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Depression and anxiety improve after epilepsy surgery - research

15 December, 2005

A new study has
found that depression and anxiety - common problems for people whose
epilepsy cannot be controlled by medication - improve significantly
after epilepsy surgery.

The study, published in the journal Neurology,
found that the rate of depression and anxiety disorders decreased by
more than 50 percent up to two years after the surgery. People who no
longer experienced any seizures after surgery were even more likely to
be free of depression and anxiety.

The
research involved 360 people with epilepsy who were undergoing surgery
to remove the area of the brain producing the seizures. The
participants' mental health and any symptoms of depression and anxiety
were evaluated before surgery and at regular intervals afterwards.

Before
surgery, 22 per cent of the participants met the criteria for a
diagnosis of depression, compared to nine per cent two years after the
surgery. For anxiety disorders, 18 per cent met the criteria for a
diagnosis before the surgery, compared to 10 percent two years after
the surgery. Of those who had no seizures following surgery, 8 per cent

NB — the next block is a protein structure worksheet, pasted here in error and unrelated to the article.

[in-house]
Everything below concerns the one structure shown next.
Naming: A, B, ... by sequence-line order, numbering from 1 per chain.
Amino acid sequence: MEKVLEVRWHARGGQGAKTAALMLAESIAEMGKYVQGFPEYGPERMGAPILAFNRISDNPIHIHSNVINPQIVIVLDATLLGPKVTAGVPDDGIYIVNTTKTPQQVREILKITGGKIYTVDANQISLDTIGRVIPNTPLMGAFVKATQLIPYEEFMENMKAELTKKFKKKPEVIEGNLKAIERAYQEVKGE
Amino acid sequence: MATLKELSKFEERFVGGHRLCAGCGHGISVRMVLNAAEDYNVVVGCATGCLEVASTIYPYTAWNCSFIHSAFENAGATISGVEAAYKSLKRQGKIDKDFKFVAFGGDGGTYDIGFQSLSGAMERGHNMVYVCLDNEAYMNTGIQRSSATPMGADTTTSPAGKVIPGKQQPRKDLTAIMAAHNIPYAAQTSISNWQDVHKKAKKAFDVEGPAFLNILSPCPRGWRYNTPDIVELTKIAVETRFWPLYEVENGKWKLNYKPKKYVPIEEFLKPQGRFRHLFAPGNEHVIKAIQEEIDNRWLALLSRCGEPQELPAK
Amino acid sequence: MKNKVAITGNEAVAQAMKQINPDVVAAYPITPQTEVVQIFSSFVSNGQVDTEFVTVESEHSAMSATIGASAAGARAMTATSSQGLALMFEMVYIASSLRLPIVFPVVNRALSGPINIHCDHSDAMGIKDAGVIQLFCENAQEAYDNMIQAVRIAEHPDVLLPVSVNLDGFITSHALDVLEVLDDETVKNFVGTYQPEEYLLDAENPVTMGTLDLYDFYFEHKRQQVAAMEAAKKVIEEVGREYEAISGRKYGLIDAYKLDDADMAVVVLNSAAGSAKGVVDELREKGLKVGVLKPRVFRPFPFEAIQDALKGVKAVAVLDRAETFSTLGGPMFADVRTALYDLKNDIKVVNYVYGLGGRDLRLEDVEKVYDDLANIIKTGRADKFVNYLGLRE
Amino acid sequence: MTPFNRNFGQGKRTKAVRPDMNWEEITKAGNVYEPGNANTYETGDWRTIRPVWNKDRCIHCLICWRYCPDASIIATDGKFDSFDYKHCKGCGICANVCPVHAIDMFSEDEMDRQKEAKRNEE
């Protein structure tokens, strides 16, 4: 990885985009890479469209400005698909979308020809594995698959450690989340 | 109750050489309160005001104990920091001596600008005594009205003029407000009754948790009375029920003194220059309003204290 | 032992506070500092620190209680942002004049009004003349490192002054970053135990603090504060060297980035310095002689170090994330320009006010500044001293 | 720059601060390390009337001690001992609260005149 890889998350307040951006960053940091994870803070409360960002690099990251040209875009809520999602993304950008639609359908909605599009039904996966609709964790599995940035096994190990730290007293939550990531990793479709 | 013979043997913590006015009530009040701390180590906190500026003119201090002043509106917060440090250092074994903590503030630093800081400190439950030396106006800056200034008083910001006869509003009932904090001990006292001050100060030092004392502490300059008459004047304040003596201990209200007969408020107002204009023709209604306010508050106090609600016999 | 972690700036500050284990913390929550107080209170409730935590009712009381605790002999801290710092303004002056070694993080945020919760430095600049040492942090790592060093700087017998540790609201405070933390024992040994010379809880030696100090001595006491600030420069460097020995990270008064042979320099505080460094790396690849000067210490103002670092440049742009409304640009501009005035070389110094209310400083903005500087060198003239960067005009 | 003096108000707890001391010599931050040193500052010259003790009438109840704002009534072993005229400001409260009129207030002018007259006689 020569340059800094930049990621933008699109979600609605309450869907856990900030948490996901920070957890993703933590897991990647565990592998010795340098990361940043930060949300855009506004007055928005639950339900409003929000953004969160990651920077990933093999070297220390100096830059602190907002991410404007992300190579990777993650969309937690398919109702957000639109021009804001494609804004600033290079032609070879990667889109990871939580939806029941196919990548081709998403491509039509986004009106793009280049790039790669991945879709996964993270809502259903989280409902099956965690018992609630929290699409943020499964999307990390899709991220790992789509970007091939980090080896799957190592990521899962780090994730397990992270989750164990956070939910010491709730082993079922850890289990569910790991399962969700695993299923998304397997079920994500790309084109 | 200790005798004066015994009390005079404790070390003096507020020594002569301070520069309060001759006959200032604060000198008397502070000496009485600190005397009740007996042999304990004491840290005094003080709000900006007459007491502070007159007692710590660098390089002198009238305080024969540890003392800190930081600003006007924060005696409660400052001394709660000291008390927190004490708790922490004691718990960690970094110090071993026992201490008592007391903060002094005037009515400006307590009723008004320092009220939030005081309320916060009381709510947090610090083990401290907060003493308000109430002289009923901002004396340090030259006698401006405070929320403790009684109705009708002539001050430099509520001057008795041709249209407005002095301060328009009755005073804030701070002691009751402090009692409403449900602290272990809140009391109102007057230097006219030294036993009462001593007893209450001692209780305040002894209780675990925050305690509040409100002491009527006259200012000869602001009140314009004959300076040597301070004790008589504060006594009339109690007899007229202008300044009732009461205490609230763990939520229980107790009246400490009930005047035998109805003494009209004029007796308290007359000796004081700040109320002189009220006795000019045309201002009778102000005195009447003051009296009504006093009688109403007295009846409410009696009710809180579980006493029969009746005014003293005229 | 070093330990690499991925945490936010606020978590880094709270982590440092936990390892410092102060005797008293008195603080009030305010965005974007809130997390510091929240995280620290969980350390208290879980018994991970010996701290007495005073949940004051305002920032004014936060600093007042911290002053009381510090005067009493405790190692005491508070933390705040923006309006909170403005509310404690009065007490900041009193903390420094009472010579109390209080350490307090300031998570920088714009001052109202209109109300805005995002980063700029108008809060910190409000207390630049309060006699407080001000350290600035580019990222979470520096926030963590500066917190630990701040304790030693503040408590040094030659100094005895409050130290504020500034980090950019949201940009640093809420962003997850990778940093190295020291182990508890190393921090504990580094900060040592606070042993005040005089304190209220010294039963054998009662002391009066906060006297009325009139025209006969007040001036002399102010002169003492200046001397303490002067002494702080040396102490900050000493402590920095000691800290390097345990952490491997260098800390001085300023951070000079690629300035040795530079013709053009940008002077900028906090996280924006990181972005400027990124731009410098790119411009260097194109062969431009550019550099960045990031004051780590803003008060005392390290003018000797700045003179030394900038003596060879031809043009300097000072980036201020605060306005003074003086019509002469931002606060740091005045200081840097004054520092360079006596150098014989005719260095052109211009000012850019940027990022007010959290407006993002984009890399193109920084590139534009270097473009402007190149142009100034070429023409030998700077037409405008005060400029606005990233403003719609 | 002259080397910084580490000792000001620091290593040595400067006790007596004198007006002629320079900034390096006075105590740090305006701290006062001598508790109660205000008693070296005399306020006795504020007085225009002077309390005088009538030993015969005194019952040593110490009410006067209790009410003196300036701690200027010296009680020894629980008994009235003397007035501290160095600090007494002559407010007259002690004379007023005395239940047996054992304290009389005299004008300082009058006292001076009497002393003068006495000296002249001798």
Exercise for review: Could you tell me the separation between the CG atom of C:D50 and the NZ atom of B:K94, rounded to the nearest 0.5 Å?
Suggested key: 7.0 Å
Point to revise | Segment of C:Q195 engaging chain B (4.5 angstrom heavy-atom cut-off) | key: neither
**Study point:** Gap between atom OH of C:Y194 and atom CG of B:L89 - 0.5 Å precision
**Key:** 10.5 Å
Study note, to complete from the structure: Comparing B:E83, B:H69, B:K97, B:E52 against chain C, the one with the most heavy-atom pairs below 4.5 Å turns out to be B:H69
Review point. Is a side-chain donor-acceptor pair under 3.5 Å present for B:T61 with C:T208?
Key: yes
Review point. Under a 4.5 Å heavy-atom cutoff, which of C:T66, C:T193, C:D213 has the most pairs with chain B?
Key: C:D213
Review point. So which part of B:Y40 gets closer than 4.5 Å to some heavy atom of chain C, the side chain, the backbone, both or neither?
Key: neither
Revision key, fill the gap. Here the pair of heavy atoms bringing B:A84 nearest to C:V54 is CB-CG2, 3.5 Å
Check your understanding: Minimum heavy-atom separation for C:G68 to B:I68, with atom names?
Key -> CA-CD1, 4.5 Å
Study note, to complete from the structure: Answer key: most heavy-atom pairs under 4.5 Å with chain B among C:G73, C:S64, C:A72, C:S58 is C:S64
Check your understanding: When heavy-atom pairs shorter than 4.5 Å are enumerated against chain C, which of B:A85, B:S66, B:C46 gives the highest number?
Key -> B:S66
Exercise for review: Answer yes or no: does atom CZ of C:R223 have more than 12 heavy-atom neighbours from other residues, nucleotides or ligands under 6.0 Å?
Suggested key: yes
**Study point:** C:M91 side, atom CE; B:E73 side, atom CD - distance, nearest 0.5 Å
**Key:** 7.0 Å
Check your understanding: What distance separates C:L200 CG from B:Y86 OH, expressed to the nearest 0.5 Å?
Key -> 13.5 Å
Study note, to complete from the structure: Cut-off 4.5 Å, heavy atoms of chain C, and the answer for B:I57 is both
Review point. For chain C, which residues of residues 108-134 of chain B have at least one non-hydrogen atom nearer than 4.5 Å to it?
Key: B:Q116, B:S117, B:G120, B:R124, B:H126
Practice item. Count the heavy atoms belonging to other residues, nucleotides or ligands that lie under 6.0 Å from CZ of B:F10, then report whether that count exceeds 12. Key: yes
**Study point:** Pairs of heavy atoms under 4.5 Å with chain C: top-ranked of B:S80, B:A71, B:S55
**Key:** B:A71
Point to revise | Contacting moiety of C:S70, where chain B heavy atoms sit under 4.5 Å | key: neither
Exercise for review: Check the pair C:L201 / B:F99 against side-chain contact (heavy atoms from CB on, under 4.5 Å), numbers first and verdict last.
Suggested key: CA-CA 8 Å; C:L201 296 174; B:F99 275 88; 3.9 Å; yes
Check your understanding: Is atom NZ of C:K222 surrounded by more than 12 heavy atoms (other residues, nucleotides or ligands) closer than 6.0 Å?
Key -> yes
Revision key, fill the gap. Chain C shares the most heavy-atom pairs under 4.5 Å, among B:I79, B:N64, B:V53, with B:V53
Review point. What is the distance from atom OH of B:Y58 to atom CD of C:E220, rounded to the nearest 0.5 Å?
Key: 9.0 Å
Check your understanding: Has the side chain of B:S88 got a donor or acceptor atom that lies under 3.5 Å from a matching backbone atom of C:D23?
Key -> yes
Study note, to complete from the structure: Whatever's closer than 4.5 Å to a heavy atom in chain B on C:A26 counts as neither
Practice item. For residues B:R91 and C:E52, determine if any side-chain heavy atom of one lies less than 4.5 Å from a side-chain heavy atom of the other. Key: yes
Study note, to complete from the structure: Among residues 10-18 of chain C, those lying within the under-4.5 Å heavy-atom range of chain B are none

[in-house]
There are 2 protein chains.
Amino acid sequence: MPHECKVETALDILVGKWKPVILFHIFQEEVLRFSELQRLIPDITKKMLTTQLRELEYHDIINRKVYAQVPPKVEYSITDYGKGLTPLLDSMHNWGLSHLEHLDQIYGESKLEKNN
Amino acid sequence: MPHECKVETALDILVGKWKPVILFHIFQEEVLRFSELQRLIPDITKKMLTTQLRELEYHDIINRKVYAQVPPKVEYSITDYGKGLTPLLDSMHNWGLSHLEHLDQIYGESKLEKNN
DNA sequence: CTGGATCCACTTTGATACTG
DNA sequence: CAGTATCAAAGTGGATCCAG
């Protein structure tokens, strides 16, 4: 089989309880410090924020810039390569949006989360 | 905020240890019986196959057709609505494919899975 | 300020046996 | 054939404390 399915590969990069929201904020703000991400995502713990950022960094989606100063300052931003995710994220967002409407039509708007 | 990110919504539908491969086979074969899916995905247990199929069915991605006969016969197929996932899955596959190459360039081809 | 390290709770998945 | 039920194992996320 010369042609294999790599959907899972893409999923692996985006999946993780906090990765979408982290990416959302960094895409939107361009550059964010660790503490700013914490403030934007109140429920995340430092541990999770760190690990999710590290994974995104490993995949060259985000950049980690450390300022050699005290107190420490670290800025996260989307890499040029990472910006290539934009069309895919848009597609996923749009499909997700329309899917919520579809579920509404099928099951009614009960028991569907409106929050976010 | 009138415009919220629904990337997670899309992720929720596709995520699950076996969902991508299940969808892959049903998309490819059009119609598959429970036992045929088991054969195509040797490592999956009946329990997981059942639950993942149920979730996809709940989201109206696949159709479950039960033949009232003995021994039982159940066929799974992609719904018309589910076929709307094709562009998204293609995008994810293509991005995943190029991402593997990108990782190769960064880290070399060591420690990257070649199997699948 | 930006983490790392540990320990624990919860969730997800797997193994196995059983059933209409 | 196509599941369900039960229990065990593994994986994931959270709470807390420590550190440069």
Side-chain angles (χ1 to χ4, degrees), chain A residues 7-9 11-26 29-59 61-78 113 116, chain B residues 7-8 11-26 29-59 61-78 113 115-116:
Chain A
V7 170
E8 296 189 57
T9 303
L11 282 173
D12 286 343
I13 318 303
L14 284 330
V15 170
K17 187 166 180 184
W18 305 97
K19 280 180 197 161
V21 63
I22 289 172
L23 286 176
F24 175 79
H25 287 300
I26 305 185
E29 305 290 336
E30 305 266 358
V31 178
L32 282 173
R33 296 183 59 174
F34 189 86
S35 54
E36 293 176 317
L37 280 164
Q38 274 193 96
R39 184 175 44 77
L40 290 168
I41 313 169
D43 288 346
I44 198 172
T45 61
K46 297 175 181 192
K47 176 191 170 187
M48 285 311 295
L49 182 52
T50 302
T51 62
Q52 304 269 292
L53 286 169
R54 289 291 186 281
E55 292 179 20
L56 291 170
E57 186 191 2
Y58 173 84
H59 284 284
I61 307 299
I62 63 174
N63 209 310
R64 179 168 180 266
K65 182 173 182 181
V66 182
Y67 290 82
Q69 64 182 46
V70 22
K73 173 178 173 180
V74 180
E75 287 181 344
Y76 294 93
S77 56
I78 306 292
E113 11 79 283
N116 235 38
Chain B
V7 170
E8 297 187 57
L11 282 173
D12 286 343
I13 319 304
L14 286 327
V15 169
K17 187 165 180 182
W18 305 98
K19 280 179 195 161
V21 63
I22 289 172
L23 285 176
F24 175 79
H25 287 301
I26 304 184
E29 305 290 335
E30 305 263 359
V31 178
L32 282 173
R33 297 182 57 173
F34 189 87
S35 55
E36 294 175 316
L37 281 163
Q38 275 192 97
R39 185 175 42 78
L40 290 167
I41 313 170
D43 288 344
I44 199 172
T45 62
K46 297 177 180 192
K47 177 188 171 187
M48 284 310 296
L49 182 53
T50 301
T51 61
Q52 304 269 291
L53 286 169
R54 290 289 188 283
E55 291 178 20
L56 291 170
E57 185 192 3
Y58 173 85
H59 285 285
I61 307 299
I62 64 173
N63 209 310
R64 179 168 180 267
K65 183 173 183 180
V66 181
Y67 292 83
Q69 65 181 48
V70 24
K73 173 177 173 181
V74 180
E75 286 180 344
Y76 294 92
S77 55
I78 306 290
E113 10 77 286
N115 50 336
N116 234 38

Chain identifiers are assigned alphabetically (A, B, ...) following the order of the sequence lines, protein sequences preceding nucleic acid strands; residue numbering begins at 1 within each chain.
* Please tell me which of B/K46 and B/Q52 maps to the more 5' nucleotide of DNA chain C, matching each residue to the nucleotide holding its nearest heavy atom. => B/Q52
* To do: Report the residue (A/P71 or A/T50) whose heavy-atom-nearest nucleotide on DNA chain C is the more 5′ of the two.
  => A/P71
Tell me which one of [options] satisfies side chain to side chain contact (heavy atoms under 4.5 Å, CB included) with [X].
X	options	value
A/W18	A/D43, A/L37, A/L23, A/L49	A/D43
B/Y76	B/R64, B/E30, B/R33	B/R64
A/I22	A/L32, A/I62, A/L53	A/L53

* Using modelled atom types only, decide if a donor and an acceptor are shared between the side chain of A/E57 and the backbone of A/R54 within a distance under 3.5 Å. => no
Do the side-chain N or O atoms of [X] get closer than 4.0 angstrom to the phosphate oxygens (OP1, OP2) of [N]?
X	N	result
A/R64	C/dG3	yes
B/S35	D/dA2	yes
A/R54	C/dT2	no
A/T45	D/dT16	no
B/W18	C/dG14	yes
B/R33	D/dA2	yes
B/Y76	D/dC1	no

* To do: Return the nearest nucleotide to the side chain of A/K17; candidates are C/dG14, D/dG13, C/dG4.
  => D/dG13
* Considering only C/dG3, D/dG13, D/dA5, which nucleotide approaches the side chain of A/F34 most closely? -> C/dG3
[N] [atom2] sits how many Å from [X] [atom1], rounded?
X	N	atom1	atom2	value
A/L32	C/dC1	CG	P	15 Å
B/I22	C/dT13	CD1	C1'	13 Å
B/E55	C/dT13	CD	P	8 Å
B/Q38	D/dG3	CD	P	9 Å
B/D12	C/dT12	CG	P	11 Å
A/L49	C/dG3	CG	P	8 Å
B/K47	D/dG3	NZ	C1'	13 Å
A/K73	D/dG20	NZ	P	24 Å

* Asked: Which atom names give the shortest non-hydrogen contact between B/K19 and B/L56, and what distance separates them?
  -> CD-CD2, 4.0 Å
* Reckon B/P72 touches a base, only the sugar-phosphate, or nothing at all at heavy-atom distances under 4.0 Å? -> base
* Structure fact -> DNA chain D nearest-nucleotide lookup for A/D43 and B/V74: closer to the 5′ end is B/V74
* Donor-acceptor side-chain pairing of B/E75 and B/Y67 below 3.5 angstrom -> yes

met the criteria for depression, compared to 18 per cent of those who
still had some seizures after surgery.

Study author Dr Orrin Devinsky, from the New York University School of Medicine, commented:

"These
results are important because depression and anxiety can significantly
affect the quality of life. For people with refractory epilepsy,
studies show that depression is more likely to affect their quality of
life than how often they have seizures or how many drugs they have to
take.

"Removing
dysfunctional areas of the brain may be critical. Whether the benefit
comes from reducing or eliminating seizures or other effects is not
clear. People may also be benefiting from an improved sense of
self-control, less fear of seizures, higher activity levels and a
lessened burden from medications."